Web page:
In animal welfare, we talk about the concept of the ‘five freedoms’ for animals: freedom from hunger and thirst, freedom from discomfort, freedom from pain, injury and disease, freedom from fear and distress, and freedom to express natural behaviours. This last one is the most important of all, and it could be argued the natural processes of hunger, thirst, injury and discomfort are what drive natural behaviours. Struggle and the relief of suffering are an integral part of a truly independent, fully lived life.
When I got home to my two geldings, I was confronted for the first time with just how blank and empty their fields were. They had plenty of space, and a rotational system to keep grass on the paddocks, but there was little to occupy their pastures. The wild horses of the Rhodopes have woodlands, valleys, streams, springs, hills, boulders and shrubs decorating their territory.
Browsing - eating the twigs, leaves, fruit and bark of trees and shrubs - isn’t something the average horse owner thinks about as an integral part of horse behaviour. Yet, whenever we were in the company of wild horses, at least two or three members of the herd would be browsing at any one time. A foal would have its head stuck in a bush; the stallion would be craning his neck to pull leaves off the higher branches; mares would be hoovering berries off the ground beneath the trees.
It turns out horses really love mulberries. They would gather under the mulberry trees and systematically eat every edible part of the tree, from the twigs and leaves, to bark and branches and, most importantly, the fruit. Occasionally, we helped them out by giving a high-up branch a good shake and letting the mulberries rain down.
Browsing is something we aren’t, on the whole, compensating for in the lives of our domesticated horses. Equine anatomist Sharon May-Davis, who has devoted much time and energy to the study of horses in the wild, is an advocate of the ‘hay high’ technique, in which hay is hung at varying heights to encourage horses to use a wider range of muscles as they eat, in order to develop a more balanced posture overall.
It’s a technique all of us can implement to improve the mental and physical health of our equine partners. Other options to consider are creating more varied surfaces in our paddocks, opening up more rugged terrain to them if we have access to it, bringing in boulders and branches to at the very least offer them more stimulation. As for me, I’ve planted a tree in each of my fields. It’s a long-term investment, but a start.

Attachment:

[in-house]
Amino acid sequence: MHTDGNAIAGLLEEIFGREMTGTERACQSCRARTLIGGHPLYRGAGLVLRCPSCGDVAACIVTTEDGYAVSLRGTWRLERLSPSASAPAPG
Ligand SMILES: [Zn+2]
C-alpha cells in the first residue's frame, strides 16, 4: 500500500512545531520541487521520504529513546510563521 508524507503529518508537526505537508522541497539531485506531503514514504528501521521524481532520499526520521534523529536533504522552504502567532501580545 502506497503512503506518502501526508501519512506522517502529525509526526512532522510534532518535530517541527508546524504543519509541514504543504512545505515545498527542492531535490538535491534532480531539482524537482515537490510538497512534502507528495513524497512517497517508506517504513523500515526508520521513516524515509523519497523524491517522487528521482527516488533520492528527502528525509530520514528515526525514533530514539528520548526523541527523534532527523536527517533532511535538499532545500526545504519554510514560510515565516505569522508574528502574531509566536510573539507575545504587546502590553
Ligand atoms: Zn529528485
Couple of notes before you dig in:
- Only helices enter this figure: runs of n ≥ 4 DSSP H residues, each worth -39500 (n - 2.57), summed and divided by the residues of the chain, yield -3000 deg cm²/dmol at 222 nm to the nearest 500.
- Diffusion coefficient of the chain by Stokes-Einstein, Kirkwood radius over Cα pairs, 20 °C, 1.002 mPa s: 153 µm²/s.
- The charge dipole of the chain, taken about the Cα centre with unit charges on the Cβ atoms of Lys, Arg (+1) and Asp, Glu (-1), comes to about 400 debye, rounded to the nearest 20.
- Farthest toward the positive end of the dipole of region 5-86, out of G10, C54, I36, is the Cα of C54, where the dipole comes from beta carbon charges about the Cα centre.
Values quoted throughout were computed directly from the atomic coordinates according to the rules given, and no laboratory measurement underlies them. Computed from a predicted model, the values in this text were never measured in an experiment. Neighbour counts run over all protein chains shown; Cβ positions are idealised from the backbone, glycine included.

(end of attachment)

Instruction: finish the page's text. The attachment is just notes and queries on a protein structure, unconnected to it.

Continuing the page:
In the Rhodopes, while the horses continue to live their wild lives, there are still bridges to be crossed before they are legally recognised as wild animals. Rewilding Rhodopes continues to push for the Bulgarian Ministry for the Environment to recognise their wild status as rewilded horses.
In the meantime, research has been published by Sharon May-Davis which gives an insight into the unique anatomy of the Konik horse. These findings have far-reaching implications, shining a light on the ancestry of the Konik (and possibly other primitive breeds) and their divergence from domesticated horses. The research is open source and available for anyone to read.
When bureaucracy catches up and the horses’ status is recognised, it will be a landmark. Europe will have its first wild horses for more than a hundred years. But, in a way, that’s already true. Rewilding projects all over the continent, and indeed the world, are recognising the role of horses in ecosystems and giving them the chance to be free again. Horses are so much more than working animals, athletes or pets. Personally, this experience dramatically altered my perspective on what my horses need, what I need from them and how we fit into the environment together.
With sincere thanks to Rewilding Europe, in particular Hristo Hristov, Nelly Naydenova, Desi Kostadinova and Ivaylo Angelov, Kathmandu, National Geographic and Sharon May-Davis.